Primers designed for the detection of methanogenic Archaea were targeted against the methyl coenzyme-M reductase (mcrA) gene. Multiple alignments of the mcrA gene-deduced amino acid sequences were used to identify conserved regions. The primers were then designed from multiple alignments of DNA sequences of relevant target sequences along with rumen methanogenic archaeal-specific sequences for these regions. The mcrA forward primer (qmcrA-F) 5′-TTCGGTGGATCDCARAGRGC was designed to target the conserved amino acid sequence FGGSQR while the reverse primer (qmcra-R) 5′-GBARGTCGWAWCCGTAGAATCC targeted the GFYGYDL conserved amino acid sequence. Primers were analysed using primer express (Applied Biosystems) and designed for an optimal Tm of 60oC. Primers were then compared with sequences available at NCBI via a blast search to ascertain primer specificity (Altschul et al., 1990). qPCR assays were performed on an ABI PRISM® 7900HT Sequence Detection System (Applied Biosystems). Assays were set up using the Platinum SYBR Green qPCR SuperMix-UDG (Invitrogen). Optimization of assay conditions was performed for primer, template DNA and MgCl2 concentrations. An optimal primer concentration of 300 nM, a final MgCl2 concentration of 3 mM and a DNA template concentration of between 1 and 100 ng were used for each assay under the following cycle conditions: one cycle of 50 °C for 2 min and 95 °C for 2 min for initial denaturation, 40 cycles at 95 °C for 15 s and 60 °C for 1 min for primer annealing and product elongation. Fluorescence detection was performed at the end of each denaturation and extension step. Amplicon specificity was performed via dissociation curve analysis of PCR end products by increasing the temperature at a rate of 1 °C/30 sec from 60 to 95 °C. Total microbial rumen DNA from sampling time points was diluted 1 : 10 before use in quantitative real-time PCR.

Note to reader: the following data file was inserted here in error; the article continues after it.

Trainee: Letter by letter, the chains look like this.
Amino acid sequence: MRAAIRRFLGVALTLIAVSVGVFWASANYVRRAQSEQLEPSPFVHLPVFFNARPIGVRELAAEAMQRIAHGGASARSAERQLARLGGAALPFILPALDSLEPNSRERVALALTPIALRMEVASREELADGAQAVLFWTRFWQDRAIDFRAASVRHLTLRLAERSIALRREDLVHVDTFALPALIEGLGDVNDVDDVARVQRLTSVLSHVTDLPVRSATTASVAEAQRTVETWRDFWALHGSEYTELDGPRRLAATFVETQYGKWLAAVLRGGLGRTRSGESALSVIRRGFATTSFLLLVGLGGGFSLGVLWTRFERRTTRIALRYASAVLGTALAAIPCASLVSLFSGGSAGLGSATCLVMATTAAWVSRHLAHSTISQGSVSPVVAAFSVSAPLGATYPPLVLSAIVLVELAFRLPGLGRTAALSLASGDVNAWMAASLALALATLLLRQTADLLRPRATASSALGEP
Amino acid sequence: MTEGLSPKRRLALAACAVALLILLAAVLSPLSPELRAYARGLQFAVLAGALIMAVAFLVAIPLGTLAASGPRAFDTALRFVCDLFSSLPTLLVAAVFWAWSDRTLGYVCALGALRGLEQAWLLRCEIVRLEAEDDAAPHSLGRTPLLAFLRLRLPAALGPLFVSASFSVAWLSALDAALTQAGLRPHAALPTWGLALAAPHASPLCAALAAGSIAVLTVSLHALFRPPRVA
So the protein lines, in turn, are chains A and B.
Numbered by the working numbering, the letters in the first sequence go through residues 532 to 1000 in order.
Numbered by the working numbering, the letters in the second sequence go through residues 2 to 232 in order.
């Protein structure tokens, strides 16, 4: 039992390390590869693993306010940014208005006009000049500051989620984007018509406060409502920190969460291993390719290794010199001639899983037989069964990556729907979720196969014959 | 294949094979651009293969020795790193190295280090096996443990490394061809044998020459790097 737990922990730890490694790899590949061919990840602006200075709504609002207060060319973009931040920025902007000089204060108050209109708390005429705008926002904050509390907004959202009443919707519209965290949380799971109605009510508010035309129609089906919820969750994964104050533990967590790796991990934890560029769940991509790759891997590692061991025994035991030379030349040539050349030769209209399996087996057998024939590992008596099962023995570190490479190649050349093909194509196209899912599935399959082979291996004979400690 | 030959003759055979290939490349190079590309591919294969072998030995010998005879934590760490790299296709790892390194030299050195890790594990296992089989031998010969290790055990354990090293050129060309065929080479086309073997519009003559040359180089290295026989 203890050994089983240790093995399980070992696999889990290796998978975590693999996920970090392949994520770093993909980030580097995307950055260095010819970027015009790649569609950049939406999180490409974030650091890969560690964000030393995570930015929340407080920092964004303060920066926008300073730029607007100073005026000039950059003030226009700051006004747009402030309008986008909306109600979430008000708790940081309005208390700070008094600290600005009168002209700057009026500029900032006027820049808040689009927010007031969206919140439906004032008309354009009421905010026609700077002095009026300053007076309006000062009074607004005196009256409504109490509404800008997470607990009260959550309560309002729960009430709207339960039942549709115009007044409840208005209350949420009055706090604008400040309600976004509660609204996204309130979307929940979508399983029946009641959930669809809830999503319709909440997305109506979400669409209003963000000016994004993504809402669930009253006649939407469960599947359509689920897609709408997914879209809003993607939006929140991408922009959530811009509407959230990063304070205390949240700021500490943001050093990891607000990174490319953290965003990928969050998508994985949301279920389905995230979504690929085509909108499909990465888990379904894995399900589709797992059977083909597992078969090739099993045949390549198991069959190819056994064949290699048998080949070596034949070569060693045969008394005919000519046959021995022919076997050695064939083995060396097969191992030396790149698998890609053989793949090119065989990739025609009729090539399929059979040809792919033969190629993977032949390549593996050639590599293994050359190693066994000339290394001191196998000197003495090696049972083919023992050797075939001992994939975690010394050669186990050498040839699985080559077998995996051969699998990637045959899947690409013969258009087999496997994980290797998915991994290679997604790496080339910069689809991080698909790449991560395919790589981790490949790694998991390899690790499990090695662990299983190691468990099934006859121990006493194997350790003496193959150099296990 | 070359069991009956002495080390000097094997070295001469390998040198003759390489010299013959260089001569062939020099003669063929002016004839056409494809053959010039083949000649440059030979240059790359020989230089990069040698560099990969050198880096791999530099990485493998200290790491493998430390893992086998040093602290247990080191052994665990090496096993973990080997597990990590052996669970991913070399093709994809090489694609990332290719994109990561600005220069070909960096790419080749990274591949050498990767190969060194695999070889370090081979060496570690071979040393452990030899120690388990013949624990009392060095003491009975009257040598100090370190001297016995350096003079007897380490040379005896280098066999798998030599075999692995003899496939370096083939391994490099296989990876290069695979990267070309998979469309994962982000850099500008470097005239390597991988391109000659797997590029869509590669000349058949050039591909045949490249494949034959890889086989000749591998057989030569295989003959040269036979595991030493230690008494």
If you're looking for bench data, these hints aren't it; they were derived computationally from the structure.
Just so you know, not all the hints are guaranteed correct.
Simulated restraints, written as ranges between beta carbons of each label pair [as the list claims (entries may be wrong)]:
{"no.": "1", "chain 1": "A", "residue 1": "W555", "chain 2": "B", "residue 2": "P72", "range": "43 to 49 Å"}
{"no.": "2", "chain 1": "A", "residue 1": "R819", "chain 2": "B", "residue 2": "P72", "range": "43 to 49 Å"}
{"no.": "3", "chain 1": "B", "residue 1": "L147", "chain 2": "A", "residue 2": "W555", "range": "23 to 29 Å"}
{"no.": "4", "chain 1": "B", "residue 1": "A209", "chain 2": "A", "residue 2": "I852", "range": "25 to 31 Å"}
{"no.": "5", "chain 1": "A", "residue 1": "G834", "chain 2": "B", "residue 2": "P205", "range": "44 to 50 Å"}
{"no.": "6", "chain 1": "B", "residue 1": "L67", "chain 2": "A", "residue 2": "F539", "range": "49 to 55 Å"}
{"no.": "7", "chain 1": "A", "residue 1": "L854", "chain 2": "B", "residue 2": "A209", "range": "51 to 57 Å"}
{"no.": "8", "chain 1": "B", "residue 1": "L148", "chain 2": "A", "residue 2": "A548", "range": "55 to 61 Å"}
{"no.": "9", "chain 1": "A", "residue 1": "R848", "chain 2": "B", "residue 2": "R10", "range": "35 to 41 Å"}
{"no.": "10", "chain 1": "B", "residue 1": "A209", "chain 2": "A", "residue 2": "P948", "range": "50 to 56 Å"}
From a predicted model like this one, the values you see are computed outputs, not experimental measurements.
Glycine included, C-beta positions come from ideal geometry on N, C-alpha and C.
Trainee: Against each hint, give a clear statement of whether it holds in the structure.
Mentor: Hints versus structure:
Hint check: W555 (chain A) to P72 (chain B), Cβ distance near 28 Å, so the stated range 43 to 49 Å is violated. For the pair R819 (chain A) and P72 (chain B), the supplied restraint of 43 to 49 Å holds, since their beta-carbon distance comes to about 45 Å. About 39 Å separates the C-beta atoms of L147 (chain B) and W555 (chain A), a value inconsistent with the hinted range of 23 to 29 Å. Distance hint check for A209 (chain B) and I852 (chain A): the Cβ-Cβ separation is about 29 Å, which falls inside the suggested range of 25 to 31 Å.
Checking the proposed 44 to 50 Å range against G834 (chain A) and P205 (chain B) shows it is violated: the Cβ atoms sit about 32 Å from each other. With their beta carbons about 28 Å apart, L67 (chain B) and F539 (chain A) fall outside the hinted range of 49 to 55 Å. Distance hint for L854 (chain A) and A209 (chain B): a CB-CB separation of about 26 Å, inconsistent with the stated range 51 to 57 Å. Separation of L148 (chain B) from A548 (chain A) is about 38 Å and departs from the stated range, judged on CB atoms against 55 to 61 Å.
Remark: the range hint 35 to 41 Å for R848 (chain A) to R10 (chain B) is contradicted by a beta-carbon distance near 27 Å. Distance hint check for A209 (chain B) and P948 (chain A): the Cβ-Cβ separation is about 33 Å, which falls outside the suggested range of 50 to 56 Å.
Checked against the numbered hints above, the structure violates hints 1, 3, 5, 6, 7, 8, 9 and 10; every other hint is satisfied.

Amplification efficiencies for the methanogenic Archaea qPCR assay were performed on plasmid DNA purified from clone CLI06 and CLI09 from the mcrA clone library generated from the rumen as described above and DNA from Methanobrevibacter ruminantium M1. Standard curves for absolute quantification of methanogens were performed using DNA from M. ruminantium M1 grown overnight in culture at 39 °C. Cultures were centrifuged and the cells were resuspended in clarified rumen fluid. The numbers of cells were determined using a Helber counting chamber (Weber Scientific Instruments, West Sussex, UK) at a × 400 magnification. DNA was then extracted from a known number of cells and used in a 6-log dilution series (109–104 cells)

Statistical analysis

Statistical analysis of data was performed by anova, with differences determined by the method of least significant differences at the 5% level (P<0.05). All statistical analyses were run with statistica 6 (StatSoft Inc., Tulsa, Ok.).


Methane and other biochemical measurements